Stumped. The batsman steps out of their crease to strike the ball, misses, and before they can step back the wicket keeper dislodges the bails with cricket ball in hand. Common.

Timed Out. The batsman fails to come out to bat within three minutes of the fall of wicket. Uncommon. I’ve never seen this happen.

In addition to being caught, bowled or any of the other possibilities listed above there must also be an appeal. An appeal consists of the fielding team leaping in the air screaming "howzat?" and staring at the umpires with a fierce expression that generally means "you’d have to be barking mad not to give the bastard out". If the umpire agrees they will raise their index finger. If they disagree they will do nothing, or shake their head. Umpires are universally known not to be intimidated by the antics of the fielding team and their decisions are always just and fair. Particularly those of Steve Bucknor.

Once a batsman is given out by the umpire they slowly trudge off the field looking miserable (particulary if they have scored a duck [no runs]). Batsmen never look happy getting out even if they have scored a double century. Someone would say particularly if they have scored a double century, because they were deprived of the chance to knock over the world record for number of runs scored. Though of course cricket is all about the team and not about individual statistics.

The score is represented thus: number of wickets taken followed by a forward slash, followed by the number of runs scored. If one wicket has been taken and 23 runs scored the score looks like this: 1/23 which is read as "one for twenty three" (except in England where for some bizarre reason they do it like this: 23/1 or twenty-three for one). As more runs are scored and more wickets taken the score changes. However you will never see 10/ because once ten wickets are taken the innings is over.

The next batsman then comes out, jogging up and down on the spot and generally giving the impression of being raring to go and ready to knock every delivery far, far out of the ground. That is if the next batsman is still an actual batsman and not a bowler masquerading as a batsman. In that case they will walk out somewhat unsteadily holding the bat as if they aren’t quite sure what it’s for or how to hold it. They will stand at the crease and stare up the other end at the fast bowler who is hurtling towards them faster than Phar Lap and they will valiantly try not to panic and run.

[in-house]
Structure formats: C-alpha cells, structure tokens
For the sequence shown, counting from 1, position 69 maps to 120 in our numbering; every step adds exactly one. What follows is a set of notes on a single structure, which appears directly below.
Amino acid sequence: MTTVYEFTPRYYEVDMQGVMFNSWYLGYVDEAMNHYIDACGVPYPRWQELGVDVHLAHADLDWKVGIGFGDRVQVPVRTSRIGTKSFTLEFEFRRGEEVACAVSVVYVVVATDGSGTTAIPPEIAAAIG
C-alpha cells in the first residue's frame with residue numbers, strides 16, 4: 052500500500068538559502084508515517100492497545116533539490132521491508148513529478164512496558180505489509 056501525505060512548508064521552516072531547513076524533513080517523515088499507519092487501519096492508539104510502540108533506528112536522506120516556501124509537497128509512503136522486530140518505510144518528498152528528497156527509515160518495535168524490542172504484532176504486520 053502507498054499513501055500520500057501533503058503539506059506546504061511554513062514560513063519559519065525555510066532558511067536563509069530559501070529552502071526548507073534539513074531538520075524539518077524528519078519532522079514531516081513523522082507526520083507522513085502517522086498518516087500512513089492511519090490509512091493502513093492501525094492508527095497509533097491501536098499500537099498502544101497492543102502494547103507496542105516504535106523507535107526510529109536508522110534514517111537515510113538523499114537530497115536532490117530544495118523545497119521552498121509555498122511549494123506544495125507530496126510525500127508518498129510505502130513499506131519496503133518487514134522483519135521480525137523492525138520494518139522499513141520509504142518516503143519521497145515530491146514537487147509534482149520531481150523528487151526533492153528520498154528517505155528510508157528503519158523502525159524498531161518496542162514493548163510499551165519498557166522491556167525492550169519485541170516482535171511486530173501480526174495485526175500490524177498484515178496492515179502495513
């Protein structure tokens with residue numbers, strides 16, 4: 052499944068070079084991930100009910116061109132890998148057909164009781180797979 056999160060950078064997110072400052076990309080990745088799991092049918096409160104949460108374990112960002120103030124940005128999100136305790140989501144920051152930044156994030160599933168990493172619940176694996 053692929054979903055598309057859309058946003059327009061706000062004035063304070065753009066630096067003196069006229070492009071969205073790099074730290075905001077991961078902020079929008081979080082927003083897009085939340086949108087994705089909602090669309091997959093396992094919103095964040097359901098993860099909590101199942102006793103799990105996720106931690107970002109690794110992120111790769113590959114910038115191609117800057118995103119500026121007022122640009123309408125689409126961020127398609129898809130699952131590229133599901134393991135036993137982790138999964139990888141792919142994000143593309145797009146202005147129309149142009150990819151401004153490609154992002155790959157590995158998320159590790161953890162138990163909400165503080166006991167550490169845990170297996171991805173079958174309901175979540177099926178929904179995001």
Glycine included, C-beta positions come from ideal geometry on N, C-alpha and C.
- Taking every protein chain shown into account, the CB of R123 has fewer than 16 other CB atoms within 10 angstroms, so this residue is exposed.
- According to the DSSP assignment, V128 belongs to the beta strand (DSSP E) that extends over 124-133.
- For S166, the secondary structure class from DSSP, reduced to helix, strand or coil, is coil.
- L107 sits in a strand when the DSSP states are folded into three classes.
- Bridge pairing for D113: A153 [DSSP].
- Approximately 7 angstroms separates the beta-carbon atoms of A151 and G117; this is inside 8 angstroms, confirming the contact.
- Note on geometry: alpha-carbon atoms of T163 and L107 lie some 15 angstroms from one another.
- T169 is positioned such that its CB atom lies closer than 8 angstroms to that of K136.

Such a batsman is known as a tailender. My favourite spectacle in cricket is when there is only one genuine batsman left and they are in the position of having to stay on strike and thus protect the tailender from getting out and possibly injured (in that order).

Because the strike automatically changes at the end of every over (or every six balls). The real batsman tries to end the over by hitting a single thus ensuring that they keep the strike and the tailender doesn’t have to deal with that scary red thing hurtling towards their body and/or wicket (stumps). This leaves the good batsman in the awful position of sometimes having to resist hitting a boundary for fear of handing the strike over to the incompetent, afraid-of-the-ball, not-quite-sure-which-end-of-the-bat-is-up tailender. Meanwhile the fielding side is doing everything it can to give the tailender the strike so that they can then get them out. Mostly by terrifying the poor bastard into treading on their own wicket. It is most gratifying to watch.

Once the tenth bastman is out the innings ends. The innings total consists of the combined total of all the individual batsman plus all the sundries (illegitimate deliveries) conceded by the bowling side. Let’s say for example that the first side to bat, who we’ll call Australia, score 456 and still aren’t all out. The captain might decide that 456 is a very solid, good, defensible total and declare. A declaration means that the captain has decided to end their team’s innings before they are all out.

The new batting side, let’s call them England, will be aiming to get that much and hopefully two hundred or more besides. So that when Australia bat again in their second and final innings they will have a difficult target to achieve. (Second innings totals are almost always smaller than first innings totals.) If Australia are all out before they reach England’s first innings total then England has won (and pigs would start to fly).

A much more likely result is that England would go out for their first batting innings and tragically (though predictably) make only 123 runs and fall well short of Australia’s first innings total. This means that Australia has a choice: they can now go out to bat and make an even bigger total for England to get in their second innings or they can enforce the follow on. The follow on means that Australia postpones their second batting innings and forces England to bat twice in a row, gambling that they can get England all out before they reach, or get very much further than, the first innings total of 456.